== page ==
Garbage in, megawatts out at new landfill gas power plant

By on April 24, 2014

The Nelson Gardens landfill was teaming with activity for years as steady streams of garbage trucks dumped their “not-so-precious” cargo at the site – broken toasters, empty hairspray bottles, mangled Trix cereal boxes, moldy fruits and vegetables, 9 Lives pet food cans, and tons of other household waste.

Like other landfills, this 277-acre dumping site in Southwest San Antonio eventually grew to mountainous proportions. It closed more than two decades ago.

In 2013, however, activity at Nelson Gardens picked up again as large trucks once again were making deliveries: yards of piping, generators the size of small SUVs, as well as other pieces of industrial equipment.

This material wasn’t waste from construction projects or commercial operations. Rather, it was used to construct a 4.2 megawatt (MW) gas-to-electricity power plant that is now providing clean energy for CPS Energy customers.

Thomas Kennedy, a principal at Nelson Gardens Energy and its affiliate Greenfield Energy, explains how it works: “Decomposing wastes create various gases including methane. We’re piping these gases to our plant built at the landfill, cleaning it, compressing it and using it as fuel for the four engines that are driving four generators to make electricity.”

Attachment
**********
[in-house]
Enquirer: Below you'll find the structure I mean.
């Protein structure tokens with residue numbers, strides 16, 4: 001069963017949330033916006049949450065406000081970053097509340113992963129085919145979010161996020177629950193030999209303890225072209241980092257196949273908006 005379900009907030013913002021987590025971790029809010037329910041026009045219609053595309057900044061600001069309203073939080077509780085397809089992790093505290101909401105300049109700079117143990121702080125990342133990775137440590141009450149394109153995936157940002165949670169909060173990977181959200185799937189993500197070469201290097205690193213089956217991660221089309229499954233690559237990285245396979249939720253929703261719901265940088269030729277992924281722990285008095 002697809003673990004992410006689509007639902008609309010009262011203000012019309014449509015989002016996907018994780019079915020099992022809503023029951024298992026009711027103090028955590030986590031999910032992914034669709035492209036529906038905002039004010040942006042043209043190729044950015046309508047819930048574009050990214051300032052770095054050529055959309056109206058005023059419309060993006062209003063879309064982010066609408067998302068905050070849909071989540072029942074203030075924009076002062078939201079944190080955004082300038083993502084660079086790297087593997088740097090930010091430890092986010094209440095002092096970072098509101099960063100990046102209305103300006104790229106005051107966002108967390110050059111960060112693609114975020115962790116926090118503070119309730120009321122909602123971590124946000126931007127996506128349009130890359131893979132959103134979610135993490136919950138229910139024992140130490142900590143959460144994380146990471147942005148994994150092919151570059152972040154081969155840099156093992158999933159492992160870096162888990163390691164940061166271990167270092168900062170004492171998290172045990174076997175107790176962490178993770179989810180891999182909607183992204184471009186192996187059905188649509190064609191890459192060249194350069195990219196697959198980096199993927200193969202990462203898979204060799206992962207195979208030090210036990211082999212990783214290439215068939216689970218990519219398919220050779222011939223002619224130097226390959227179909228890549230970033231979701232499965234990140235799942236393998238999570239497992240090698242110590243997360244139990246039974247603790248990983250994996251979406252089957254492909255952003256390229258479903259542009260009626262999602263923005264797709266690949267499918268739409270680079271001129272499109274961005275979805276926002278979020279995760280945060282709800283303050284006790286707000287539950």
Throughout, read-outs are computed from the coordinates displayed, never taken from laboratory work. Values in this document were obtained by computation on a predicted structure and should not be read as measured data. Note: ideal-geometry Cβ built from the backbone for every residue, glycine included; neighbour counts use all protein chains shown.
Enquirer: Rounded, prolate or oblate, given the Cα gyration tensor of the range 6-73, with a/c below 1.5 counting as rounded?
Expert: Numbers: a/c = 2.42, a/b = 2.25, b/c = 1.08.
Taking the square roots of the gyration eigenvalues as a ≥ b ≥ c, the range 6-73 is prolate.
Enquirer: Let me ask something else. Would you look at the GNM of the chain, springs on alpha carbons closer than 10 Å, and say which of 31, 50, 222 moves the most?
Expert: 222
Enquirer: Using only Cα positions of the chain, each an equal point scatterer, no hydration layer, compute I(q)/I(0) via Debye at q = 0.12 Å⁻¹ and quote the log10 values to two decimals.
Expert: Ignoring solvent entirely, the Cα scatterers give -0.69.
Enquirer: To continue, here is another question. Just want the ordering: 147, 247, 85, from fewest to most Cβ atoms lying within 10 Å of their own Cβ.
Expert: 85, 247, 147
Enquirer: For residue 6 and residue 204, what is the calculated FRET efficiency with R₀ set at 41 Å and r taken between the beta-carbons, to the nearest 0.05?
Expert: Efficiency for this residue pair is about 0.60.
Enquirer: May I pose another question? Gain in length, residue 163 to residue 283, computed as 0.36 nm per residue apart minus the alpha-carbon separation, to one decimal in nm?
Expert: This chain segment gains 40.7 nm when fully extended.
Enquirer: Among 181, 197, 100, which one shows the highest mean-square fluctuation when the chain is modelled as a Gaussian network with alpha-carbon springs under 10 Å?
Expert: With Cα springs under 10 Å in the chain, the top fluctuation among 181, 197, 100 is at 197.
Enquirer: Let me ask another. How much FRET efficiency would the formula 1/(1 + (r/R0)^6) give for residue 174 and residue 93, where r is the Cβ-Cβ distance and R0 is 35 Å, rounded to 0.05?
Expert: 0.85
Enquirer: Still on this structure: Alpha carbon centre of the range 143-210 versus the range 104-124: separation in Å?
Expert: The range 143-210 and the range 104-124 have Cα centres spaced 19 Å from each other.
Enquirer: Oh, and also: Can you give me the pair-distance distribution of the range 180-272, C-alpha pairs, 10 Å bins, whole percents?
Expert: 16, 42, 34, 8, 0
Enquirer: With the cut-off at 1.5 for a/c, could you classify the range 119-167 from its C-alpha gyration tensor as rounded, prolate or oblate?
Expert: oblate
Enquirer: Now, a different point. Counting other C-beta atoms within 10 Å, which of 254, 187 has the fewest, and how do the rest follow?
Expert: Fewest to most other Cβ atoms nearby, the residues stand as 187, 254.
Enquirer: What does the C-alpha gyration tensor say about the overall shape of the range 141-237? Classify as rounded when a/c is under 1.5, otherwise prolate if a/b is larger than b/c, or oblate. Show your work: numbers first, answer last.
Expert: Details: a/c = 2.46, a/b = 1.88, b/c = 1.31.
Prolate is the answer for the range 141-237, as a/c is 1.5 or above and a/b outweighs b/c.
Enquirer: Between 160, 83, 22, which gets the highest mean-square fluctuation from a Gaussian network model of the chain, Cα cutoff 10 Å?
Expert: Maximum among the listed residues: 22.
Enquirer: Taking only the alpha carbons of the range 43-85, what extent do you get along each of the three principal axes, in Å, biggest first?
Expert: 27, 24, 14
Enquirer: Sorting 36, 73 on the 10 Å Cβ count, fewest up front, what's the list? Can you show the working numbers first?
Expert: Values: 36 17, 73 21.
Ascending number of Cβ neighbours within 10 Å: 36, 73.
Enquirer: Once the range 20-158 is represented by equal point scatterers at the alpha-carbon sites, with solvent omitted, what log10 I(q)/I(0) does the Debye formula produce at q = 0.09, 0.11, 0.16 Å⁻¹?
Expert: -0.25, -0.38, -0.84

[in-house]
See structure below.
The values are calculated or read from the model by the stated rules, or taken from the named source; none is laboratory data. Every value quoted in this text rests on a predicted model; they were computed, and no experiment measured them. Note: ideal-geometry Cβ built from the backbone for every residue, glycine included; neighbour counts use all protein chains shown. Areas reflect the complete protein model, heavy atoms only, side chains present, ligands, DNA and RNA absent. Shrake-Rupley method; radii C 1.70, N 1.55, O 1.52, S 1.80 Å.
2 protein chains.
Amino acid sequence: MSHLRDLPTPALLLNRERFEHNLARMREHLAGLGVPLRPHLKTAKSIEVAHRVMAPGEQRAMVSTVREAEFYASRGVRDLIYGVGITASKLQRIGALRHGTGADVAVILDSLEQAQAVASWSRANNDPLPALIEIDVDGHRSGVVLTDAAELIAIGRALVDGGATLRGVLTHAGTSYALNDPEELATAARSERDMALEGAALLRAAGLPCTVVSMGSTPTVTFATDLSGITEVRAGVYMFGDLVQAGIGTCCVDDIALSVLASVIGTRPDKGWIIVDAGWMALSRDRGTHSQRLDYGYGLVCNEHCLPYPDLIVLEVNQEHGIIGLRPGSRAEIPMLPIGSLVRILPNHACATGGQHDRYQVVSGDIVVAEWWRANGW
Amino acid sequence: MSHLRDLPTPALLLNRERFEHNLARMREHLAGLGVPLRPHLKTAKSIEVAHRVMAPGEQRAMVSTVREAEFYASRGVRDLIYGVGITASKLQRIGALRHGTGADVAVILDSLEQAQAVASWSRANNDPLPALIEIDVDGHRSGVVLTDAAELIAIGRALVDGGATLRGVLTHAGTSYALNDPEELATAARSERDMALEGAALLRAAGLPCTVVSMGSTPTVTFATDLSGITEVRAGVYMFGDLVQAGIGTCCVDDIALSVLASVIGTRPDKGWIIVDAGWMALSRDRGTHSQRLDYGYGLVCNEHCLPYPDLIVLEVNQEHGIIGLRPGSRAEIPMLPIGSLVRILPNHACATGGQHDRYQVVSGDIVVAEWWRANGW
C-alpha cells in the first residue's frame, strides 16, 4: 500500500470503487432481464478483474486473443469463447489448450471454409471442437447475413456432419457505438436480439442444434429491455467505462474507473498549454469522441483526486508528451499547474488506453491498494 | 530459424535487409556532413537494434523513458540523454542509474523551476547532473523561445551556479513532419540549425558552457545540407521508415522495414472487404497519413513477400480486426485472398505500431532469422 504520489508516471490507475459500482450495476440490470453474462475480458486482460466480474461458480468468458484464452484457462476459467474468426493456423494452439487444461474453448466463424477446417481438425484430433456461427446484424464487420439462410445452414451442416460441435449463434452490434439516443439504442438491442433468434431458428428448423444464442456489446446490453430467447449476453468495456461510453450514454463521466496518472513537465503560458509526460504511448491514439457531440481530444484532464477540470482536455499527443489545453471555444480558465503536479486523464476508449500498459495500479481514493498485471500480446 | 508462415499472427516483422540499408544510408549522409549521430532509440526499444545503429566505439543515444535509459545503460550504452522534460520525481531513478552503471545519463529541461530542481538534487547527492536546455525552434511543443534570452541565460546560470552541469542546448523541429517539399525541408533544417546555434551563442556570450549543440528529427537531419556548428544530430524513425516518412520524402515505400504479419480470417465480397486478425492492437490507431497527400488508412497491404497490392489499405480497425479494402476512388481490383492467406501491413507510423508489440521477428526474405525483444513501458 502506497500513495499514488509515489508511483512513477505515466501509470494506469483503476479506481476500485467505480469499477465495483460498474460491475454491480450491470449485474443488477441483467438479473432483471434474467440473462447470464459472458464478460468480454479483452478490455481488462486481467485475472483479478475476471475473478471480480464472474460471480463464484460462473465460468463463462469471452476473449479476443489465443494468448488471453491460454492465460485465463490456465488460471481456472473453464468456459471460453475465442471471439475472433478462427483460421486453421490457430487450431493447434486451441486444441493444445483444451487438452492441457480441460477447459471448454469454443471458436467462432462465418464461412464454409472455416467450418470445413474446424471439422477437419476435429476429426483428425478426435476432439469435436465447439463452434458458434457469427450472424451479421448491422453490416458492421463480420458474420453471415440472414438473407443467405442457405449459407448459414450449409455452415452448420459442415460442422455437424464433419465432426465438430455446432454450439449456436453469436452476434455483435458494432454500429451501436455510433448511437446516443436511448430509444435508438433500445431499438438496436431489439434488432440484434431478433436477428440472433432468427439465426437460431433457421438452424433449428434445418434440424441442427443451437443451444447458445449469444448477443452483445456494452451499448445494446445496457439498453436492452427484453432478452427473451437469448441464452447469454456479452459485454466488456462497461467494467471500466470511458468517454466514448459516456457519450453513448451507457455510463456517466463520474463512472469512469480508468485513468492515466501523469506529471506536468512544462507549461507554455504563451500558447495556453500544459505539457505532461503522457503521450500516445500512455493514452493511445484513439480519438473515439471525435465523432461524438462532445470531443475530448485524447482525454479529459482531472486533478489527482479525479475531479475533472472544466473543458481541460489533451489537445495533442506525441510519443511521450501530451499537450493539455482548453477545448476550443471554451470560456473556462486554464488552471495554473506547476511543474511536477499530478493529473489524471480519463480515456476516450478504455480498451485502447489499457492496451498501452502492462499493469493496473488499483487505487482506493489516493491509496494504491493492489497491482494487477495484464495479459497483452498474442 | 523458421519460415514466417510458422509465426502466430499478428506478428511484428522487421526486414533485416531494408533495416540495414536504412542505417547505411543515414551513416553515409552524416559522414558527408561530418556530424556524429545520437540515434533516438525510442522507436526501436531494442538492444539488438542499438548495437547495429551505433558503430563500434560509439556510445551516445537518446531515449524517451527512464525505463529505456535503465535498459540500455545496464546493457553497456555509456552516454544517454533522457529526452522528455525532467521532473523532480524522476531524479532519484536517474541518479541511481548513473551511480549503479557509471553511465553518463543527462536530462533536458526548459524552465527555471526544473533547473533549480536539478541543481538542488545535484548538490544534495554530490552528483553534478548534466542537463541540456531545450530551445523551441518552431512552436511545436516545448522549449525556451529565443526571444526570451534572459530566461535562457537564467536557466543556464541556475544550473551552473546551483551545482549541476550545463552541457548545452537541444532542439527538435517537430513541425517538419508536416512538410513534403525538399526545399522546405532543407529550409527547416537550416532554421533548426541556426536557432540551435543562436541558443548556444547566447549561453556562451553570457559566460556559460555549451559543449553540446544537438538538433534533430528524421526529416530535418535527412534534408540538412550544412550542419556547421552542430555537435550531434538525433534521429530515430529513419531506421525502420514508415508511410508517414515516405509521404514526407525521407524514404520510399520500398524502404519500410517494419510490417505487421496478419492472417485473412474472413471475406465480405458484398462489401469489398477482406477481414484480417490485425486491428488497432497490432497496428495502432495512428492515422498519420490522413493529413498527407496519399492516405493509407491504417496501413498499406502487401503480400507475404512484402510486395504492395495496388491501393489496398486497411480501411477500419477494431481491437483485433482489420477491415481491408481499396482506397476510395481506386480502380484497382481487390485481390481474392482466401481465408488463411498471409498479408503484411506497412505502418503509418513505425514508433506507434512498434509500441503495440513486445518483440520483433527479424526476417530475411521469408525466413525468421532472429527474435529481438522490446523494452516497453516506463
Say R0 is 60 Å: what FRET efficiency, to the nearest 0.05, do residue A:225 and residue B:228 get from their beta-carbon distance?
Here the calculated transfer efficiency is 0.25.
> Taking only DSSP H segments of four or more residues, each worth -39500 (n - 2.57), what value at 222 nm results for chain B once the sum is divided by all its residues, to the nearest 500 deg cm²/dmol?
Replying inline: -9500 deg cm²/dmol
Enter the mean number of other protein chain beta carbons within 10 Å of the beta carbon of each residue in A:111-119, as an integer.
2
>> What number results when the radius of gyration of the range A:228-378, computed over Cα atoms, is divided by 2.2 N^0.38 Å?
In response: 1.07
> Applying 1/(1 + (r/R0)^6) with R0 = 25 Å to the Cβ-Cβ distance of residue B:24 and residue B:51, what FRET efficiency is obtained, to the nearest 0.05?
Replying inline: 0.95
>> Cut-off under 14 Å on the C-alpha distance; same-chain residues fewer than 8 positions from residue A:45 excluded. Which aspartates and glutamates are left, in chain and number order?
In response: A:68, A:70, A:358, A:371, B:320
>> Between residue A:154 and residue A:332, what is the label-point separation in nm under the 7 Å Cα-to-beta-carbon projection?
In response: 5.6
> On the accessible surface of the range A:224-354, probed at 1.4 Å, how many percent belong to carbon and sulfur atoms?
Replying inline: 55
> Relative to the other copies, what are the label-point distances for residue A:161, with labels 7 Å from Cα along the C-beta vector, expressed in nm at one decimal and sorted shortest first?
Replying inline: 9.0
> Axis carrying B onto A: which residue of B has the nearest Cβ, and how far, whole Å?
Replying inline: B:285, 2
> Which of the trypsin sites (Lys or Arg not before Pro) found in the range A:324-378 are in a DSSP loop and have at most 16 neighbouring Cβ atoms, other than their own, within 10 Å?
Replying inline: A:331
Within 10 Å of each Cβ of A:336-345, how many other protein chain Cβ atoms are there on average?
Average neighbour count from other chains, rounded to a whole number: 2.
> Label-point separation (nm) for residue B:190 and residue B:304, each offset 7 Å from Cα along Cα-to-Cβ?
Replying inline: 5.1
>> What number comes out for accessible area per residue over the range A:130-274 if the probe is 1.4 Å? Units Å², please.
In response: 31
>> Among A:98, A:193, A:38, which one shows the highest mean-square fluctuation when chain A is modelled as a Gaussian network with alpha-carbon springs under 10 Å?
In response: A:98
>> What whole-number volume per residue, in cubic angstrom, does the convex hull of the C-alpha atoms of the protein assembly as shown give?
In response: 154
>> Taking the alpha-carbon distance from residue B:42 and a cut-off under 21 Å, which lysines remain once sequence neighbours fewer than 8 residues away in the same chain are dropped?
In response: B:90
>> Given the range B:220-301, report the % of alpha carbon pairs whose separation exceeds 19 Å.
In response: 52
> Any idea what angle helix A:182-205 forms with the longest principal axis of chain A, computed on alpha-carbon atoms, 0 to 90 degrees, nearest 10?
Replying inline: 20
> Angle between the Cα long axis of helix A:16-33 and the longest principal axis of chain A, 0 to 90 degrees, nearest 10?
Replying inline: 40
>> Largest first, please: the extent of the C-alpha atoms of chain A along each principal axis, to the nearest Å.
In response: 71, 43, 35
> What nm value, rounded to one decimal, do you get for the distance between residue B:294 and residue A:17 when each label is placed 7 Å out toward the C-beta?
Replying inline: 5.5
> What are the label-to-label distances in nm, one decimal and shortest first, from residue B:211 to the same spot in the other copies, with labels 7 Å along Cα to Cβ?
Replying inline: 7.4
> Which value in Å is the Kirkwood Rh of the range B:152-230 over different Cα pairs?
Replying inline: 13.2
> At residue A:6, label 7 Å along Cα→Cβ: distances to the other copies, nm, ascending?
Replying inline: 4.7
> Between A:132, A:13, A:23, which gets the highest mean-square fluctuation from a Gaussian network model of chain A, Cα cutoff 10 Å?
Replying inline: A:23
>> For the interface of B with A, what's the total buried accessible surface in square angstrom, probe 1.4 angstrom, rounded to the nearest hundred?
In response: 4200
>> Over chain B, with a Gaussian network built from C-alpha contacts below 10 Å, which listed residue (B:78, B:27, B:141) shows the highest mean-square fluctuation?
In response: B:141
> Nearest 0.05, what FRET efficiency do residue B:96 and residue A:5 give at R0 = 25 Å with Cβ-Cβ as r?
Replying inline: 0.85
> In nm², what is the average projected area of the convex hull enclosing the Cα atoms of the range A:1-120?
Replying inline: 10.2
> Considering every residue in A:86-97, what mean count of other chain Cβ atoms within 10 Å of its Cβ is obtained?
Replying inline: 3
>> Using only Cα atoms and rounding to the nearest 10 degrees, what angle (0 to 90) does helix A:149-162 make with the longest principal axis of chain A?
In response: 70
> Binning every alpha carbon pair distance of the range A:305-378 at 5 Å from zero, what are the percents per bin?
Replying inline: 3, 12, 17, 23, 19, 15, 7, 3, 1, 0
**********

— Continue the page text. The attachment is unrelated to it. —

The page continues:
That electricity is then fed into CPS Energy’s distribution system, and eventually makes its way to customers.

Commercial operations began on April 1, and the plant produces enough energy to power almost 2,000 homes on average, says Raul Cardenas, CPS Energy’s renewable/emissions program manager. CPS Energy signed a 15-year agreement with Nelson Gardens Energy of Liverpool, N.Y., to purchase the power.

The landfill gas-to-electricity power plant concept is not new to the energy industry, or to CPS Energy. Customers began receiving power from the Covel landfill plant in 2005. Adjacent to Nelson Gardens, it generates 9.6 MW.

“One of the greatest benefits of this type of power,” says Cardenas, “is that it’s always producing. It’s a steady source of energy, and it contributes to our renewable energy portfolio.”

In addition to 13.8 MW of power from landfills, CPS Energy has contracts in place for more than 444 MW of solar and 1,059 MW of wind energy.

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